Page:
- Häftad (Paperback / softback)
- Antal sidor
- Winner of Australia Council Award for Lifetime Achievement in Literature 2018 (Australia)
- Scribe Publications
- 210 x 136 x 21 mm
- 310 g
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48 Laws of Power
Aboriginal Australia and the birth of agricultureav Bruce Pascoe164
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History has portrayed Australia's First Peoples, the Aboriginals, as hunter-gatherers who lived on an empty, uncultivated land. History is wrong. In this seminal book, Bruce Pascoe uncovers evidence that long before the arrival of white men, Aboriginal people across the continent were building dams and wells; planting, irrigating, and harvesting seeds, and then preserving the surplus and storing it in houses, sheds, or secure vessels; and creating elaborate cemeteries and manipulating the landscape. All of these behaviours were inconsistent with the hunter-gatherer tag, which turns out to have been a convenient lie that worked to justify dispossession. Using compelling evidence from the records and diaries of early Australian explorers and colonists, he reveals that Aboriginal systems of food production and land management have been blatantly understated in modern retellings of early Aboriginal history, and that a new look at Australia's past is required - for the benefit of us all. Dark Emu, a bestseller in Australia, won both the Book of the Year Award and the Indigenous Writer's Prize in the New South Wales Premier's Literary Awards.
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'Australia's education system tended to emphasise the struggle and pluck of settlers. Dark Emu shifted the gaze, pointing to peaceful towns and well-tended land devastated by European aggression and cattle grazing. In a nation of 25 million people, the book has sold more than 260,000 copies.' * The New York Times * 'Unputdownable.' -- Darina Allen * Irish Examiner * 'An extraordinary book.' -- David Greig * The Herald * 'The truth-telling must go on.' -- Stephen Fitzpatrick * The Australian * 'This is the most important book on Australia and should be read by every Australian.' -- Marcia Langton * The Australian * '[A] brisk and lucidly written account ... This is an important and deeply researched reinterpretation of Australian history and a stark warning about the danger of accepting received wisdom at face value.' * <i>Publishers Weekly</i>, starred review * 'Dark Emu ... is revolutionary, the most important book published in Australia by any writer in this or any other century.' * Jersey Evening Post * 'Essential reading for anyone who wants to understand what Australia once was, or what it might yet be if we heed the lessons of long and sophisticated human occupation.' -- NSW Premier's Literacy Awards judging panel 'I'm grateful for a book that has so enlivened the engagement of Australians with their country's history ... In spite of half a century of eloquent activism and scholarship, most Australians still grossly underestimate the sophistication of Indigenous culture, technology and governance. The popular embrace of Pascoe's work suggests that many are keen to learn.' -- Tom Griffiths, Emeritus Professor of History at the Australian National University '[Pascoe's] arguments about the reality of Aboriginal agriculture, acquaculture, food storage and preservation are not new, but hitherto they have been buried in scientific papers, less accessible writings, or not pursued in such a sustained manner. He has done a great service by bringing this material to students and general readers, and in such a lively and engaging fashion ... I heartily recommend this book to teachers of Aboriginal studies.' -- Richard Broome, Emeritus Professor of History at La Trobe University '[A]n important book that advances a powerful argument for re-evaluating the sophistication of Aboriginal peoples' economic and socio-political livelihoods, and calls for Australia to embrace the complexity, sophistication and innovative skills of Indigenous people into its concept of itself as a nation.' -- Dr Michael Davis * <i>Aboriginal History</i> *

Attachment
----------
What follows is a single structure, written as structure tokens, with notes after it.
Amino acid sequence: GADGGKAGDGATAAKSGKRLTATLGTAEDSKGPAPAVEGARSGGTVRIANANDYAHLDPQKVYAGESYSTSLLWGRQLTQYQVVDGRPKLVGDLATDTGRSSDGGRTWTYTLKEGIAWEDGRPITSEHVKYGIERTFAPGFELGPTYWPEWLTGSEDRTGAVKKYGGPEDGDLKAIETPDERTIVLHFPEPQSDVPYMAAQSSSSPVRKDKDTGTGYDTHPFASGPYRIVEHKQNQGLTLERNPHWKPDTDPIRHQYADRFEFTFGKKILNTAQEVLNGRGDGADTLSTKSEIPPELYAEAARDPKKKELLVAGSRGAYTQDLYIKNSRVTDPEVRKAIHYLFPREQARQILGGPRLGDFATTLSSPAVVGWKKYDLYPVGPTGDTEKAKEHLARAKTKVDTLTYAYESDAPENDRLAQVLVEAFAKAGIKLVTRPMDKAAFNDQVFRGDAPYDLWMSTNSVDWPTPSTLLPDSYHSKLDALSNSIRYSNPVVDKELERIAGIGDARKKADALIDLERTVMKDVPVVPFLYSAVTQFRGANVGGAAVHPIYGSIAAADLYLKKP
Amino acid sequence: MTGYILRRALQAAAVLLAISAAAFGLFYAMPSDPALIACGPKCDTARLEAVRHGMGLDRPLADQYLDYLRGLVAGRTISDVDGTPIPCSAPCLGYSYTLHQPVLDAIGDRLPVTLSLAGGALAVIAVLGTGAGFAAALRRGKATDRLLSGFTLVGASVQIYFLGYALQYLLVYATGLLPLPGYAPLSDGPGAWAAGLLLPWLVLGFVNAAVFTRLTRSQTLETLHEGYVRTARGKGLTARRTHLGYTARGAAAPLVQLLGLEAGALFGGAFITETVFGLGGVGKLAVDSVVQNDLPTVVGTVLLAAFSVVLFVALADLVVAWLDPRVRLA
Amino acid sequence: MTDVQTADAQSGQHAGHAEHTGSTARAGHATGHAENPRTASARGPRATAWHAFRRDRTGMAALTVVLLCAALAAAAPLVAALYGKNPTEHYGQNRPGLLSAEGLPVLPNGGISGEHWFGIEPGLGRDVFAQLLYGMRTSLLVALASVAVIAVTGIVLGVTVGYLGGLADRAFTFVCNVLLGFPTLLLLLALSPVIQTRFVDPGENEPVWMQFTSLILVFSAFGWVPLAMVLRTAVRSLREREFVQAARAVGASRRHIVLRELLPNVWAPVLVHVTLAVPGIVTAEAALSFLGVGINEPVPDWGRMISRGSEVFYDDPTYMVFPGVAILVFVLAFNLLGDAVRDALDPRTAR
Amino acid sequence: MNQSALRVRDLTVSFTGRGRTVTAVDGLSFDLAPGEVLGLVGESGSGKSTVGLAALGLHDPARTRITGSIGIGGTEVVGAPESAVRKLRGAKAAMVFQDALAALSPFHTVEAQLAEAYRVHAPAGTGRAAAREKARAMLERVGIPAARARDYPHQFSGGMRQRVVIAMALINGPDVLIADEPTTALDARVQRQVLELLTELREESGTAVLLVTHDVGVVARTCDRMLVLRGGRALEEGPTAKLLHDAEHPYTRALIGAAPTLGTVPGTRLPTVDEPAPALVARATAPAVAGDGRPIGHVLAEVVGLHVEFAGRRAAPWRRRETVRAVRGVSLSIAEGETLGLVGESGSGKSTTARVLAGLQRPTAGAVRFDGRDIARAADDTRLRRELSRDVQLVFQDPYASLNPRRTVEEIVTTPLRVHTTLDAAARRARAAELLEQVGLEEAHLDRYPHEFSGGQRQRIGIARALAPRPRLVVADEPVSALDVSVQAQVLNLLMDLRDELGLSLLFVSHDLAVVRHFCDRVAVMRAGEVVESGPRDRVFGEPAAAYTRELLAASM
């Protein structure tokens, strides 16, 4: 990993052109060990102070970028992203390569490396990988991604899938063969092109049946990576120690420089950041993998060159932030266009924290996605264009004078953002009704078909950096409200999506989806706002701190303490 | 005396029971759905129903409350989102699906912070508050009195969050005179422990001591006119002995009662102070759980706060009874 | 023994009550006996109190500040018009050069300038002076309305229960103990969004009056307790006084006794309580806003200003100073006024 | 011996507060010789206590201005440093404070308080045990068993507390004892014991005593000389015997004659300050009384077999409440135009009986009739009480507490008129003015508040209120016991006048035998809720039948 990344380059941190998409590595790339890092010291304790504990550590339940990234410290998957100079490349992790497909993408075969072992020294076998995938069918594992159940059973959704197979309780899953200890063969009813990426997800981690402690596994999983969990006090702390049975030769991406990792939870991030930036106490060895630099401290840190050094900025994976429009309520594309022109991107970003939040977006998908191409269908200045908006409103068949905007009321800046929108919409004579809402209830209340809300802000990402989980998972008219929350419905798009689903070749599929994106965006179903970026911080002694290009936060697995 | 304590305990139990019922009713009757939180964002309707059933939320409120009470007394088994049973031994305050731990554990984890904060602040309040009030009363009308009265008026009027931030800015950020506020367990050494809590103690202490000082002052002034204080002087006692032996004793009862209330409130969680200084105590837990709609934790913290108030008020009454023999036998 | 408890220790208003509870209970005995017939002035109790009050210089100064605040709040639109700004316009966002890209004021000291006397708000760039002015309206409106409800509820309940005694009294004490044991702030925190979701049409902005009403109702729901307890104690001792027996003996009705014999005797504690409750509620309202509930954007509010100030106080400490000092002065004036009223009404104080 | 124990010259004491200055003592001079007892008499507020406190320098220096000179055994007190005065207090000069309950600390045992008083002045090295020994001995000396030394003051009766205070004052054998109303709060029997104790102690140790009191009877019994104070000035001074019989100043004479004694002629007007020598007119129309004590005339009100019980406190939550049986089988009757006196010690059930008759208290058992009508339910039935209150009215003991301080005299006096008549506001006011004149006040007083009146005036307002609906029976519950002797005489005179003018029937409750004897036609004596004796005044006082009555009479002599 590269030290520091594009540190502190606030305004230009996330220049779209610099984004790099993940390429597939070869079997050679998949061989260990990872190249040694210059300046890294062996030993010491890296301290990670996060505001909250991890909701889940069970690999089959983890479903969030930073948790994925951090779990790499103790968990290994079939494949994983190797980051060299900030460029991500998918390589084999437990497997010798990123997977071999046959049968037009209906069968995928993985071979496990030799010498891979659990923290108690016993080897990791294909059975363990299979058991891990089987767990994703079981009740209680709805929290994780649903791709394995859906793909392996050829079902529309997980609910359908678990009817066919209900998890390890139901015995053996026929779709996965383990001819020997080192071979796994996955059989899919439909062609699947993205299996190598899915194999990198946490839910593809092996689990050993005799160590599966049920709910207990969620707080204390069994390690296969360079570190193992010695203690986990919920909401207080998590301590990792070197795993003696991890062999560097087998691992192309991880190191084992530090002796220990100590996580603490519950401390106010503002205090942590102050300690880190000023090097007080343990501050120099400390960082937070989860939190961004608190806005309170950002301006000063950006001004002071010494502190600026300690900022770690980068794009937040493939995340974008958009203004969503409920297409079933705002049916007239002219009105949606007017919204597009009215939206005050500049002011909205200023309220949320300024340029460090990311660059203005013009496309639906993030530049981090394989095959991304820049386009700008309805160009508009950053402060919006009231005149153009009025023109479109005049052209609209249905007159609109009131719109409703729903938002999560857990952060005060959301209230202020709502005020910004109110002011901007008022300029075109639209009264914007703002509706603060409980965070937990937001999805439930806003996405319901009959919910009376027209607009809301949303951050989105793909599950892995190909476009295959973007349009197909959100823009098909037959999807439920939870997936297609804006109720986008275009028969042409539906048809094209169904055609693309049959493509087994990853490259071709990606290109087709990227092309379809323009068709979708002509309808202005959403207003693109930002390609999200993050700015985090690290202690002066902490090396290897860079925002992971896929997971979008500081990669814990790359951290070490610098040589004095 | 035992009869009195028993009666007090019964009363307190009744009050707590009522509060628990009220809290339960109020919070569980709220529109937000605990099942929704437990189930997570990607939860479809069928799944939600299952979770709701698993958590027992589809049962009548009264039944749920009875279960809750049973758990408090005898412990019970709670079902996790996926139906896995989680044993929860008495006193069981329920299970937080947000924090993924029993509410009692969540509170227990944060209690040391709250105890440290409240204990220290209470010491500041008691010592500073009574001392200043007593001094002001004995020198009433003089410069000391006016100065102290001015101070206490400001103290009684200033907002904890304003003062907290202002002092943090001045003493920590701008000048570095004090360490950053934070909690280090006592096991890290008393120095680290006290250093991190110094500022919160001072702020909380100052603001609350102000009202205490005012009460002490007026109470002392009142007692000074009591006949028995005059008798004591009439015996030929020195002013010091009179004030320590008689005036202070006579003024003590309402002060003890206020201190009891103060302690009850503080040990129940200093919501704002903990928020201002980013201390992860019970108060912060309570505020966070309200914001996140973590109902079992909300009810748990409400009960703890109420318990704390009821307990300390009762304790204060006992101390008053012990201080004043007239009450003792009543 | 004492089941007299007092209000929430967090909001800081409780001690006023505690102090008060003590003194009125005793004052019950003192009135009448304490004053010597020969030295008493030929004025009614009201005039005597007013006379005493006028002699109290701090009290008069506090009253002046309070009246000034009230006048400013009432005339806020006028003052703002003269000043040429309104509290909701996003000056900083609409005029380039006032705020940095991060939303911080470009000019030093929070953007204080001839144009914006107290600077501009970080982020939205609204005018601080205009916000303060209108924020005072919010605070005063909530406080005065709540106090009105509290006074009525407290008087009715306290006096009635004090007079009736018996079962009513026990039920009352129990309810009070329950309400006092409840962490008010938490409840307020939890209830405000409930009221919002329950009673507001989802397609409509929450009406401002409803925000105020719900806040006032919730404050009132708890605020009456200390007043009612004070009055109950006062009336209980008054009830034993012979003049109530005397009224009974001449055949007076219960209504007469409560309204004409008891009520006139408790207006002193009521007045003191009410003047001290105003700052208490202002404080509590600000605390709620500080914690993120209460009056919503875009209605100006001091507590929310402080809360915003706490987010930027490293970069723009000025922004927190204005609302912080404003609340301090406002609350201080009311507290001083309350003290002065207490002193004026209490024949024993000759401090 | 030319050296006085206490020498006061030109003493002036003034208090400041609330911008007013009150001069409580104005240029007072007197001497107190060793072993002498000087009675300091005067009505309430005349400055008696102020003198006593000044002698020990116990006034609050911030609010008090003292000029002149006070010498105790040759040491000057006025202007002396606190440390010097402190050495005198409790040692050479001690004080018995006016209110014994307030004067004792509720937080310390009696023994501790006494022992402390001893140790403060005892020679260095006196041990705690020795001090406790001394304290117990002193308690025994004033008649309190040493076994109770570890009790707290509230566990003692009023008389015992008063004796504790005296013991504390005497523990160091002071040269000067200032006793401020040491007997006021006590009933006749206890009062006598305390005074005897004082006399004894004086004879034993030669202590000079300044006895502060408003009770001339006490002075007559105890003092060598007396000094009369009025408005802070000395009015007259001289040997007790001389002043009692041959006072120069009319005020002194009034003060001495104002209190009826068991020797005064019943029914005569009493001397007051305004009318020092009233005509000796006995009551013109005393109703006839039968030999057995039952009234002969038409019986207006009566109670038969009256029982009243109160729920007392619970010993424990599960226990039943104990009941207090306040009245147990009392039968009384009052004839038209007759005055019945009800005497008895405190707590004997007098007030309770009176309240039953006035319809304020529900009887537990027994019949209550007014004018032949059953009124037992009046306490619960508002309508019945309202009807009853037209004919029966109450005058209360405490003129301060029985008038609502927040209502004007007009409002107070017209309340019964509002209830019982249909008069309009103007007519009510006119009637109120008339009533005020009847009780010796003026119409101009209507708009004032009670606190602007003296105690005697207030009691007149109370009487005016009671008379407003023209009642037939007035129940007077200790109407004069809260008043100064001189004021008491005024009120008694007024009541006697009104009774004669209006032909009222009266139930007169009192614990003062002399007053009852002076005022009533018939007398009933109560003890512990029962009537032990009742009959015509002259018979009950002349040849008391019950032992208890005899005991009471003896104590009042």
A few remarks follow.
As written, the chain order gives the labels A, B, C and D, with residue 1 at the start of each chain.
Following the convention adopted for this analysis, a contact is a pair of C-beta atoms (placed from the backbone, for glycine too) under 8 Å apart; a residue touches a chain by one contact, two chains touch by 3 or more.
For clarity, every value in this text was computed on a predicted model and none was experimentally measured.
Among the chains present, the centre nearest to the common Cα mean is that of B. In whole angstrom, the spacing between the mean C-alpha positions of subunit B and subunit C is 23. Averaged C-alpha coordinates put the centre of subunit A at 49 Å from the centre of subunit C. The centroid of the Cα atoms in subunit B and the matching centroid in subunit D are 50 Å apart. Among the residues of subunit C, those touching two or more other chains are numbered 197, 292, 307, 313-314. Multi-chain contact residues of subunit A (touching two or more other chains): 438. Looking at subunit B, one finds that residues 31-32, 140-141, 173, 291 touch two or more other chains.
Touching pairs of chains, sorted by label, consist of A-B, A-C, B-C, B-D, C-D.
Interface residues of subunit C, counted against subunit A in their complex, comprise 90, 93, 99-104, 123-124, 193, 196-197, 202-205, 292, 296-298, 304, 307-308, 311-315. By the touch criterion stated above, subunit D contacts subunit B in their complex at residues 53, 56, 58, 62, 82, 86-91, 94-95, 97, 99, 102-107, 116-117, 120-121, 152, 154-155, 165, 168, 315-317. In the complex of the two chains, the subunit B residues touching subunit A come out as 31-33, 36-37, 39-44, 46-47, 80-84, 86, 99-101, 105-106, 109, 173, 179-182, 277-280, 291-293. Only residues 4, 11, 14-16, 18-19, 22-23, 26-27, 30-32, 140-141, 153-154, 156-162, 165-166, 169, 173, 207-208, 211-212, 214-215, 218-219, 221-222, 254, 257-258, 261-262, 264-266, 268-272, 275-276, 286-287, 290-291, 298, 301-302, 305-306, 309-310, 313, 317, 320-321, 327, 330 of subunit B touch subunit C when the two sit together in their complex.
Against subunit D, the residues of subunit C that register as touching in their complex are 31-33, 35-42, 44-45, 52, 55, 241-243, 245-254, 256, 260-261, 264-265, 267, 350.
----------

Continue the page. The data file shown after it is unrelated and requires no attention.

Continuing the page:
Bruce Pascoe lives in Australia and has a Bunurong, Tasmanian, and Yuin heritage. Dark Emu won both the Book of the Year Award and the Indigenous Writer's Prize in the New South Wales Premier's Literary Awards. Bruce is currently working on two films for ABC TV and a novel.